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Shell cuts drilling costs in Russian JVs due to crisis — Shell Russia’s chairman

At the same time, cost optimization had a different effect on each Shell business, he said

MOSCOW, June 29. /TASS/. Shell cut global capital expenditures in 2020 due to the crisis by 20%, and cost optimization also affected operations in Russia, Country Chair Russia at Shell Cederic Cremers said in an interview with TASS.

"It has also impacted our activities in Russia, absolutely. When I talked about our operating expenditure, this is something we were driving through across all our activities and all places. For example, we have had to reduce drilling expenditure in our joint ventures in Russia. Also, we had to change the pace and aspirations of some of our new ventures unfortunately as a result of the current external environment," he said.

Cremers added, "We had to adjust our expenditure, indeed. In our operating expenditures, we are expecting to spend about $3-4 bln less than we did in 2019, in the next twelve months. It also applies to some difficult decisions for people. For example, we have also decided that nobody in our global company will be getting performance bonuses over this financial year 2020. On top of that, we are reducing our capital expenditure from $25 bln to $20 bln this year, that is about 20% reduction".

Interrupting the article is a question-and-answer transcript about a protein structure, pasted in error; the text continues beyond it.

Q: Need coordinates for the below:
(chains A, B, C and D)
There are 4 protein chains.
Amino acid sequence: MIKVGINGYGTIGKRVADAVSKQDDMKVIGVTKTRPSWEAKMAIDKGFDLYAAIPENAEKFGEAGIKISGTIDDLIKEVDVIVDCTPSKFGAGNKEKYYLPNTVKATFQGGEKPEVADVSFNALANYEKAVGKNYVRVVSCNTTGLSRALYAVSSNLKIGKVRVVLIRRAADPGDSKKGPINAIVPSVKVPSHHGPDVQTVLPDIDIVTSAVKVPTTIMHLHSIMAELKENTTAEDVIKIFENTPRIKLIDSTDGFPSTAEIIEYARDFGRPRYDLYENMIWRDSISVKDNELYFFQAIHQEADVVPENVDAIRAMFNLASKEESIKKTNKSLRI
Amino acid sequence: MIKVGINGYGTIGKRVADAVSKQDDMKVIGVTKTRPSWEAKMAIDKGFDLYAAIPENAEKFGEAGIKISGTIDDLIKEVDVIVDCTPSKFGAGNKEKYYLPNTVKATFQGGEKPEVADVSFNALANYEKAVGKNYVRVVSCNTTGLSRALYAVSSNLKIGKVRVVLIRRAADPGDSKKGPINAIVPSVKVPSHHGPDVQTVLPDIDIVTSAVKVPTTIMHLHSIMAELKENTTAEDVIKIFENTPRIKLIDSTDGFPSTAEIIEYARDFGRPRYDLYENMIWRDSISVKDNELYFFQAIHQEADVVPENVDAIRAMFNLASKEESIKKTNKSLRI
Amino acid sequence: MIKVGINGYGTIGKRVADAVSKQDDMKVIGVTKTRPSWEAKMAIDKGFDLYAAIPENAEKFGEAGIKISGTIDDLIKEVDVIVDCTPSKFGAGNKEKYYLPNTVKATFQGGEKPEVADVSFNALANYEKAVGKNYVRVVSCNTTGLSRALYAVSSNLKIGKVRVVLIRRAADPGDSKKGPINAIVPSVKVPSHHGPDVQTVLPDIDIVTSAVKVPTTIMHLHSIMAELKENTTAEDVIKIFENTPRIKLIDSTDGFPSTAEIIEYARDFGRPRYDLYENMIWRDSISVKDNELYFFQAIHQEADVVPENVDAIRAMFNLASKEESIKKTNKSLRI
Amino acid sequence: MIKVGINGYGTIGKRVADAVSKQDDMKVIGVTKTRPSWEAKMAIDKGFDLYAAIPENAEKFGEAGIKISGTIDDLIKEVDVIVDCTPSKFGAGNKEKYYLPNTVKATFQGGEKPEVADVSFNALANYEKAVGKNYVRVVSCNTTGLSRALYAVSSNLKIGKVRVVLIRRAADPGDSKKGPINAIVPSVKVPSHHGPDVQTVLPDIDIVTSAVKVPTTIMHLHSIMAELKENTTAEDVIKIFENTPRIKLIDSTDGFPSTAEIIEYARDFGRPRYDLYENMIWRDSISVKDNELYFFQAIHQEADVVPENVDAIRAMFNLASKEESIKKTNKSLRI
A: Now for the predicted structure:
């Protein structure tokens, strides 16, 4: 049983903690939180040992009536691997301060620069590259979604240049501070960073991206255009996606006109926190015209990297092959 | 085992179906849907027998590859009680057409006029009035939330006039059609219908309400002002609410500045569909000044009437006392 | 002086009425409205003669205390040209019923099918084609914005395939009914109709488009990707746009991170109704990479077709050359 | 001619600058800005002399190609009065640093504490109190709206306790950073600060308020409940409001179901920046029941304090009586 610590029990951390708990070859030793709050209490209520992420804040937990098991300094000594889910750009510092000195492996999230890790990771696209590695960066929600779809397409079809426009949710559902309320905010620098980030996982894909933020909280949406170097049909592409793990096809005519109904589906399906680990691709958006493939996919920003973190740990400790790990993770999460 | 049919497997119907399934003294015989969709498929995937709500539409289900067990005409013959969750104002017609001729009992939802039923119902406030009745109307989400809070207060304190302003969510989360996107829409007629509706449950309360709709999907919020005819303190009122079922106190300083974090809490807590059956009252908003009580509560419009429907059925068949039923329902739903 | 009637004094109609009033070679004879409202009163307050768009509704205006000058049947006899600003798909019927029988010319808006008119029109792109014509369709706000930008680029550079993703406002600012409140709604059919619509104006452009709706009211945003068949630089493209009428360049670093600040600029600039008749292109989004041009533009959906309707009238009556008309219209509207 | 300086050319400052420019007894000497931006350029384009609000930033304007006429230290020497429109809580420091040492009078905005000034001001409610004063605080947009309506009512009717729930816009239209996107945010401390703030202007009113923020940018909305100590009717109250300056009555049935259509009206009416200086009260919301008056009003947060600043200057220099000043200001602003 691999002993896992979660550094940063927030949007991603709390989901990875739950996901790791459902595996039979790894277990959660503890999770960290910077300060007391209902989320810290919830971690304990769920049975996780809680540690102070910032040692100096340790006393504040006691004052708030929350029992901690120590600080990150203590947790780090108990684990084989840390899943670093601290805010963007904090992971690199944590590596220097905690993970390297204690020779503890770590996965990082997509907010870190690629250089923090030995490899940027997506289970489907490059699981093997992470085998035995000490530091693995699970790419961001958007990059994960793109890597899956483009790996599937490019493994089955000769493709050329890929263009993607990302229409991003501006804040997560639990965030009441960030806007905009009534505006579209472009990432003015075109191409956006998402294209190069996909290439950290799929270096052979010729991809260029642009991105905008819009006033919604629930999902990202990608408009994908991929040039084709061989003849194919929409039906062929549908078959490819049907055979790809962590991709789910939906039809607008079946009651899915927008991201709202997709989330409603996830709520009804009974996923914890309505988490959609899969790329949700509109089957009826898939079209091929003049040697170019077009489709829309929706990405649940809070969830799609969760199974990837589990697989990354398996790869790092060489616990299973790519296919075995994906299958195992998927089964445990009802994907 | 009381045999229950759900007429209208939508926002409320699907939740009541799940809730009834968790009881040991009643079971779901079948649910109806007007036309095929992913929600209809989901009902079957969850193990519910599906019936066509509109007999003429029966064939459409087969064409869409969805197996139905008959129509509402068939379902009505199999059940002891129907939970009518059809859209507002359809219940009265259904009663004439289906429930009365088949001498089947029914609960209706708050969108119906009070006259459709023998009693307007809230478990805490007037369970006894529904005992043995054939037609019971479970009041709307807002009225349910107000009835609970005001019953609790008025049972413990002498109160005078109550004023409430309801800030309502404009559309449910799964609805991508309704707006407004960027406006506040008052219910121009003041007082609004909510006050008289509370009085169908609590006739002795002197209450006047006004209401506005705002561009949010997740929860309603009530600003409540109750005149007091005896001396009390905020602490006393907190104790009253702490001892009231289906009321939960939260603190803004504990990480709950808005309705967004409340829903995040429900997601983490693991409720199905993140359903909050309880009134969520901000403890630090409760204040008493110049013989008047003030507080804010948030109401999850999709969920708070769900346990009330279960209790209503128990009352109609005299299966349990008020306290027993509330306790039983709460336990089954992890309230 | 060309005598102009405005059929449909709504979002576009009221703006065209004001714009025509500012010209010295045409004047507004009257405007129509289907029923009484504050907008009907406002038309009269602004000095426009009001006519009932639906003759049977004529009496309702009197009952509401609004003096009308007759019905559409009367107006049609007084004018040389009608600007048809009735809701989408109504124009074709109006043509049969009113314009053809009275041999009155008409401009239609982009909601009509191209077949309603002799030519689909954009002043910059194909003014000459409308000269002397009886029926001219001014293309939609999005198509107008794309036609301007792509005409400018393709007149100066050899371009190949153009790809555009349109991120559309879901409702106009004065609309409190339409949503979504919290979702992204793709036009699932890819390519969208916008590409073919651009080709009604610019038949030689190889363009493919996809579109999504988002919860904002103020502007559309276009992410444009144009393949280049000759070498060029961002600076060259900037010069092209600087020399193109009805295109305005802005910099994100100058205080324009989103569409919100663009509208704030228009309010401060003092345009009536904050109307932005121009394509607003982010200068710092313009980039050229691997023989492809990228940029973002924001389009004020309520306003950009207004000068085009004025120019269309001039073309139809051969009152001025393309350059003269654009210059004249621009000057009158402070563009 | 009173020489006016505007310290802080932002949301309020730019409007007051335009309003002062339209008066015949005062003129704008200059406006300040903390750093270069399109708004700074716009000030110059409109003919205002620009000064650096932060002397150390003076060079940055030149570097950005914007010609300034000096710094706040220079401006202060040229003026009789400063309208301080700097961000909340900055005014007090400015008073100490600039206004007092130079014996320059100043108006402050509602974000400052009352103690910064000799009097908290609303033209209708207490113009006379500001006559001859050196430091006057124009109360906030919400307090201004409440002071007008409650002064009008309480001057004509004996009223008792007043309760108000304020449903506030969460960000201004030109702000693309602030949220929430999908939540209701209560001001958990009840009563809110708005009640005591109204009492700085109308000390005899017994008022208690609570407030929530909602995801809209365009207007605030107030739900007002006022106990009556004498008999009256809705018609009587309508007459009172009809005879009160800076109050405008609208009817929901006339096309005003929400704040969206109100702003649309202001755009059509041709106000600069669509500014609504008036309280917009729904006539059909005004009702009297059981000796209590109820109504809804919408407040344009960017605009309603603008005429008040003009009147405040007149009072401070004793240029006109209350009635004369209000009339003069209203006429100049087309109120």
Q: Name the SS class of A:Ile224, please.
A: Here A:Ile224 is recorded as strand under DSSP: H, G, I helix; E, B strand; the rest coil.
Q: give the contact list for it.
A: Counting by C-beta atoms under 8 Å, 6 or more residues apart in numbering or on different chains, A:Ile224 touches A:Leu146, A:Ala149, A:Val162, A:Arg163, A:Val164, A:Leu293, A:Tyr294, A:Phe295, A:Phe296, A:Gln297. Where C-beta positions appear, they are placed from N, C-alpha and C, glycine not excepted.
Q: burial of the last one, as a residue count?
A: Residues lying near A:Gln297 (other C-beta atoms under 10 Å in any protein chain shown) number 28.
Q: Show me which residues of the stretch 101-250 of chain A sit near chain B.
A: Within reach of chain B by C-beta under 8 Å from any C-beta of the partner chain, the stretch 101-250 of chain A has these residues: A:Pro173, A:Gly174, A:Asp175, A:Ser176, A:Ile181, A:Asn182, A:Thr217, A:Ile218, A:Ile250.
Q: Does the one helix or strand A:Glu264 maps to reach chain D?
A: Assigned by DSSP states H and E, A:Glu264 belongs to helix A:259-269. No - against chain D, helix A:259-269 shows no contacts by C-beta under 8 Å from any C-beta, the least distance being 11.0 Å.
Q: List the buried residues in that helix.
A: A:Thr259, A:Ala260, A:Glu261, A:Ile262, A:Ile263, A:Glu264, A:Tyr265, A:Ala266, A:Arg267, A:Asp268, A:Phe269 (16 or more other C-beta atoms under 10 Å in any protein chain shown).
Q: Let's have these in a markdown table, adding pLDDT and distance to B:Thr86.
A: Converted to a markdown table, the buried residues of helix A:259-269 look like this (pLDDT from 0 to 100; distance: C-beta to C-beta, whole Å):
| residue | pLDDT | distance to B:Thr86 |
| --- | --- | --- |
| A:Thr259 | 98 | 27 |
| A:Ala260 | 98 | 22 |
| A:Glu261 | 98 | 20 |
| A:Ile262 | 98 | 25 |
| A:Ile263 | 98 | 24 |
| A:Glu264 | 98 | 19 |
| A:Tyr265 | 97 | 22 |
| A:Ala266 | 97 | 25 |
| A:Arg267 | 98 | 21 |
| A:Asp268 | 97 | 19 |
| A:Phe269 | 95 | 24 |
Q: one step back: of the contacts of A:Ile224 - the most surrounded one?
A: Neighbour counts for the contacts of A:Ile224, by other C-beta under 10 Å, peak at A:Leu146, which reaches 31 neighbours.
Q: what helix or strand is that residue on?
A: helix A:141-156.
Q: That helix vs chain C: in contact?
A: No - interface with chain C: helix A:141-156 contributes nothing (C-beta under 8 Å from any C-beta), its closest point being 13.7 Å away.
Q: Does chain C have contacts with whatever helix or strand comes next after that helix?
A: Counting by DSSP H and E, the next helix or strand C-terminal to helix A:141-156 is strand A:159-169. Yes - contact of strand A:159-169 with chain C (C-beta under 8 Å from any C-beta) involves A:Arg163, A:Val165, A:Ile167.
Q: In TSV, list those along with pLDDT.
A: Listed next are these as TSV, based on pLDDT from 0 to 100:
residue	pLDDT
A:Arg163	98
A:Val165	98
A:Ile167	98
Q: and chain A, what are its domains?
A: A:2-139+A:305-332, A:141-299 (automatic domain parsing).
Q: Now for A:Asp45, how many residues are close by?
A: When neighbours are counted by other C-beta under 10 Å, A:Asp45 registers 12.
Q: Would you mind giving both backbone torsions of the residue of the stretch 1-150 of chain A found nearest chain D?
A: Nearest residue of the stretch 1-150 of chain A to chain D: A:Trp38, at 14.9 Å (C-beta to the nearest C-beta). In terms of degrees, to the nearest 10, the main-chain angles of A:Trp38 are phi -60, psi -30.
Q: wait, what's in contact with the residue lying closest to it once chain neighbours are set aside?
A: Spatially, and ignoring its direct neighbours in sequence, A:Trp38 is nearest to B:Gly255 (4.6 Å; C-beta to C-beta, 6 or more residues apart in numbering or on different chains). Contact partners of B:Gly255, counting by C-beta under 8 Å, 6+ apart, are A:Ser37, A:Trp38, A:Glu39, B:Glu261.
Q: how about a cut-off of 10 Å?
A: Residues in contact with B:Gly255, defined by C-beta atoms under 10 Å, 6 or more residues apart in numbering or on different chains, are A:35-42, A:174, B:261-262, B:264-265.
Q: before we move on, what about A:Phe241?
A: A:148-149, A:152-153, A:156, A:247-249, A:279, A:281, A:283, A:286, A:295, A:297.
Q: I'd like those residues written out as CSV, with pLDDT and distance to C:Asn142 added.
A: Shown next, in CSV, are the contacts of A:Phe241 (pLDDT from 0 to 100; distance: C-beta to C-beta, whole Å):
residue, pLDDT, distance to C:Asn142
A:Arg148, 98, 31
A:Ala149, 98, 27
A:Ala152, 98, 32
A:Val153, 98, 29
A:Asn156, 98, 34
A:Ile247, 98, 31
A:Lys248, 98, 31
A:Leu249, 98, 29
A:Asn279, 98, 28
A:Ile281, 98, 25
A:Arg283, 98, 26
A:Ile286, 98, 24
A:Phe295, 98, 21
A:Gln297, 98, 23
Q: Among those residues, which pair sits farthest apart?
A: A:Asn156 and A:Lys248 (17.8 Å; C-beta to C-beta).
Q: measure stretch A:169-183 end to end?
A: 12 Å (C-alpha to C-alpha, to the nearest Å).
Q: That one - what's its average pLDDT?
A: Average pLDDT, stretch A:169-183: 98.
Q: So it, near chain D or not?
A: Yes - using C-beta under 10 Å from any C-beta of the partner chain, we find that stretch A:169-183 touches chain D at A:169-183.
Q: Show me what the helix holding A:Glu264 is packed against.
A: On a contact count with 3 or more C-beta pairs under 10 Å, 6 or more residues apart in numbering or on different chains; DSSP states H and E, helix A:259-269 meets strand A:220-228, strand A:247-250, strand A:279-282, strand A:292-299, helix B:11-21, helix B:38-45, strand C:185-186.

At the same time, cost optimization had a different effect on each Shell business, Cremers noted. "Our upstream business is contributing about 45% of that reduction in expenditure; our downstream business - 30%, and our integrated gas including LNG and new energies business are contributing only 25% of this saving. Therefore, whilst all of them are reducing, we do see that the relative impact is different and is also related to the long-term shift in our industry," he said.

Shell owns 27.5% in the first Russian LNG project, Sakhalin 2, which it manages in partnership with Gazprom (50% plus one share), as well as Japanese Mitsui (12.5%) and Mitsubishi (10%) .